A final visit to Cocorico, the French humour magazine of the fin de siècle. Where graphics are concerned I’ve ignored the cartoons to concentrate on the Art Nouveau decoration which is plentiful in the early issues. The star here is Louis Popineau, an artist I only knew from the excessively florid page above which is reprinted sans poem in one of my design books. Popineau enjoyed foliage running riot in this manner but the magazine also features several of his excellent coloured prints. There’s a lot more of this type of work in the complete run of the magazine which may be found at the Internet Archive.
A paean to the poppy by Jérome Doucet illustrated by Adolphe Cossard. Poppies were a very popular plant in the 1890s for obvious naroctic reasons. Cossard made them a feature of his cover for issue 32.
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The Julian House cover art for the forthcoming collaboration between John Foxx and Belbury Poly (here renamed) has been revealed. Single no. 9 in the Ghost Box Listening Centre Study Series is now available.
• In addition to new Ghost Box records there’s more Hauntological (for want of a better term) cinema on the way this summer with the DVD/BR release of Ben Wheatley’s A Field in England. The potted description at Movie Mail is “a monochrome psychedelic trip into magic and madness set during the English Civil War”. Julian House has made a trailer. Meanwhile at Fangoria, there’s a PIF mixtape from The Advisory Circle. This accompanies an interview with John Krish, director of the most bizarre of the UK’s many strange and alarming public information films from the 1970s.
• More mixes: The hour-long OH/EX/OH show for The Geography Trip on Chorlton FM. “Expect slumber / tension / euphoria in almost equal measures.” It’s marvellous. At Self-Titled mag there’s DJ Food with O Is For Orange: Boards of Canada, Broadcast, The Books, etc.
• Tangiers is a computer game based on the fiction of William Burroughs. Jim Rossignol talked to Alex Harvey about the development of the project.
Walpurgisnacht (1917) by Amadeus. A drawing that could easily be from the late 1960s. If anyone knows the full name of the artist, please leave a comment. Via Beautiful Century.
• Rebecca J. Rosen asks “What would the night sky look like if the other planets were as close as the moon?”
• The mystery of Charles Dellschau and the Sonora Aero Club.
• The Surreal Cave Paintings Of Stockholm’s Metro Stations.
• At 50 Watts: More strange art from Marcus Behmer.
• Ry Cooder in 1970. Directed by Van Dyke Parks!
• The Post Office Tower: now you see it…
• At Little Augury: 99 Meninas.
• Sartori In Tangier (1982) by King Crimson | City Of Mirage (2010) by John Foxx
A selection from Das Moderne Deutsche Gebrauchs-Exlibris (1922) edited by Richard Braungart, an overview of the practioners of the bookplate form in Germany and Austria during the first decades of the 20th century. Some of the German and Austrian art magazines featured here over the past couple of years included bookplate designs, and Braungart’s collection includes many artists from those magazines: Melchior Lechter, Hugo Höppener (aka Fidus), Julius Diez, Heinrich Vogeler, Marcus Behmer, Franz von Bayros, Koloman Moser, Carl Otto Czeschka, Ephraim Moses Lilien, Franz Stassen and others. 400 examples in all.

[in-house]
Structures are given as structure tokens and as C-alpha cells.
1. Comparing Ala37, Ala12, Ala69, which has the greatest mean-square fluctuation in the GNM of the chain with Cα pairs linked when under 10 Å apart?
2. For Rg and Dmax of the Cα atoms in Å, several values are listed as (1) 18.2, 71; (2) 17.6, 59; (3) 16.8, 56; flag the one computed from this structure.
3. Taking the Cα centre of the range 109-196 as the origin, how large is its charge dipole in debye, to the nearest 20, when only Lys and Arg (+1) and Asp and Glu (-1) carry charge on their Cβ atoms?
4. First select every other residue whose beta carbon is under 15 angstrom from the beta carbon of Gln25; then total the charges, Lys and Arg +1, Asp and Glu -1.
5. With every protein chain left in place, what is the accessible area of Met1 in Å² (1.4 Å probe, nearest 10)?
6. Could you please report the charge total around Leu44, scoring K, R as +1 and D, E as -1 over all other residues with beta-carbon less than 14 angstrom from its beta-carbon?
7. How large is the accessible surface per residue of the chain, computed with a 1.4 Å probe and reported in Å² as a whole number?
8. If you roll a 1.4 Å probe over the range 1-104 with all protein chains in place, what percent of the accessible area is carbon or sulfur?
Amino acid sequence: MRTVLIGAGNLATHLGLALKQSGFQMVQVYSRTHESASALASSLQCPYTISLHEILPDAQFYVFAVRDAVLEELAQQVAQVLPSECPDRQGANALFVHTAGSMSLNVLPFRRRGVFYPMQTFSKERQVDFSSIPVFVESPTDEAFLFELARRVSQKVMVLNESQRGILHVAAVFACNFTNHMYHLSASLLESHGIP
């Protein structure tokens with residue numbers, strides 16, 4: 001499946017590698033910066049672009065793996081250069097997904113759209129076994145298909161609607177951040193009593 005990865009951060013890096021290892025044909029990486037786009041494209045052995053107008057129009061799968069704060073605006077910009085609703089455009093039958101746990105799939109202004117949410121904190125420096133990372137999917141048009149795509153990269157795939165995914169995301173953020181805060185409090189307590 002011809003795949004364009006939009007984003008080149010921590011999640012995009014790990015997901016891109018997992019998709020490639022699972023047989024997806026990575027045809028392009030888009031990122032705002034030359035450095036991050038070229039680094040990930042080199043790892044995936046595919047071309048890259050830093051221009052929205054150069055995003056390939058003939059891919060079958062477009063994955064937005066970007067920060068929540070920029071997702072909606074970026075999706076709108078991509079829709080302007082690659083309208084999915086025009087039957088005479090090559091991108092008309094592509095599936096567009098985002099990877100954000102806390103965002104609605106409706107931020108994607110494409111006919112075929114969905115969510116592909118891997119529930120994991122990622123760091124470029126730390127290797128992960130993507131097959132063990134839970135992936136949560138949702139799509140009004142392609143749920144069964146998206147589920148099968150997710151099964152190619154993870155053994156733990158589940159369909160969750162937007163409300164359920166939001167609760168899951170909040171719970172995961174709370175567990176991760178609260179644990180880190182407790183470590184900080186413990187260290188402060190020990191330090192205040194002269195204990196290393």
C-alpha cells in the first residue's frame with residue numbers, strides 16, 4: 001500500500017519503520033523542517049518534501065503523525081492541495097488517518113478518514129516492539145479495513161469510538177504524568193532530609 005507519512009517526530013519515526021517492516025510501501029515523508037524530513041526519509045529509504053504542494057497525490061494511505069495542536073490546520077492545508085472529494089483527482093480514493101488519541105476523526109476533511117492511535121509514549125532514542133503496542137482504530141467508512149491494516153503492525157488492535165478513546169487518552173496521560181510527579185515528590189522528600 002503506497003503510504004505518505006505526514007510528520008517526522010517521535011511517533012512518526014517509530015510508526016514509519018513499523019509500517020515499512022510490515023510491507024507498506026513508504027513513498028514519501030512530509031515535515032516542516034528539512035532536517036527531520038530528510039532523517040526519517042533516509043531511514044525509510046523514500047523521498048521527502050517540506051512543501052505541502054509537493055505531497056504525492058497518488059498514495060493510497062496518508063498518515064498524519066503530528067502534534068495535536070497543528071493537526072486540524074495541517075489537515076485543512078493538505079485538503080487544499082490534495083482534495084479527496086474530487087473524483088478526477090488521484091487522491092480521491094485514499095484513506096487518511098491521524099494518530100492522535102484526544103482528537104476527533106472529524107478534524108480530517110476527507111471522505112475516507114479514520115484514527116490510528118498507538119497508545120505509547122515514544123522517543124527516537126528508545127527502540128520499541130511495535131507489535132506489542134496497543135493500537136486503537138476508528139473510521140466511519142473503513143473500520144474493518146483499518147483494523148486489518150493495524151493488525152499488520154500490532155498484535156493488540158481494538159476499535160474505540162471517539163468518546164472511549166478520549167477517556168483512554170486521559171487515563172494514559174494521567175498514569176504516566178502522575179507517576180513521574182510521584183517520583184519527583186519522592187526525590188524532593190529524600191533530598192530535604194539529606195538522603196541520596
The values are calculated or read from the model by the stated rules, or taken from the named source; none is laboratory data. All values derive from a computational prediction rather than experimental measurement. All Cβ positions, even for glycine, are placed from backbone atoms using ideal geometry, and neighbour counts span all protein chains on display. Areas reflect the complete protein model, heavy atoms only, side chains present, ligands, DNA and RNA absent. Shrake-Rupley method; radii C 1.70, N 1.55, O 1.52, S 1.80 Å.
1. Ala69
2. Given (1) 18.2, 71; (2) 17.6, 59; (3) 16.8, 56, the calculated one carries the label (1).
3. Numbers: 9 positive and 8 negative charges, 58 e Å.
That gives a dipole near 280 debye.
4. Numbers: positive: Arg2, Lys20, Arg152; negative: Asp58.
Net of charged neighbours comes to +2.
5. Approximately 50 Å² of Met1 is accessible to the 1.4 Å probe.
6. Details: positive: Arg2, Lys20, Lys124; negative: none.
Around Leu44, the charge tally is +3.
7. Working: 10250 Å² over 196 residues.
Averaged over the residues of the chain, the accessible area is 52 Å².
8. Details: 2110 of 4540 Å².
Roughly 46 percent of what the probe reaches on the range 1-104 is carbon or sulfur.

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Concluding the series of posts about Ver Sacrum, the art journal of the Viennese Secession. The volume of issues for 1903 continues the bi-monthly format from the previous year only this time the calendar supplement is at the end of the volume. This was the last year for the journal, unfortunately, not least because the Secession had run its course, having perhaps proved its point in providing an alternative to the prevailing trends in Austrian art and design. Koloman Moser, Alfred Roller and Josef Hoffmann left to found the Wiener Werkstätte while Gustav Klimt, who again has an issue devoted to his drawings, went on to paint some of his most famous pictures, including The Kiss.
Ver Sacrum certainly ended on a high note. Most of the issues for 1903 contain woodcuts by a variety of artists with some superb examples of the form. For once there’s work by women—Irma von Dutczynska, Nora Exner and Hilde Exner—there’s more strange art from Marcus Behmer, and also a translated extract from the memorial book written by Arthur Symons following Aubrey Beardsley’s death in 1898. As before, anyone wishing to see more can browse all 498 pages or download the entire volume here.
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Continuing an occasional series of posts about Ver Sacrum, the art journal of the Viennese Secession. The collected issues for 1900 undergo a change of design, and not necessarily for the better. Gone are the decorative covers of previous years, replaced by small emblem-like vignettes for each issue. The one above is a design by Gustav Klimt whose work is featured throughout this year. Other familiar names include the Belgian Symbolist Fernand Khnopff, Ludwig von Hofmann and Marcus Behmer. The page design is generally less interesting, unfortunately, although the magazine did retain its square format and there are many impressive examples of Art Nouveau graphics. The complete set of pages for this volume can be viewed or downloaded here.
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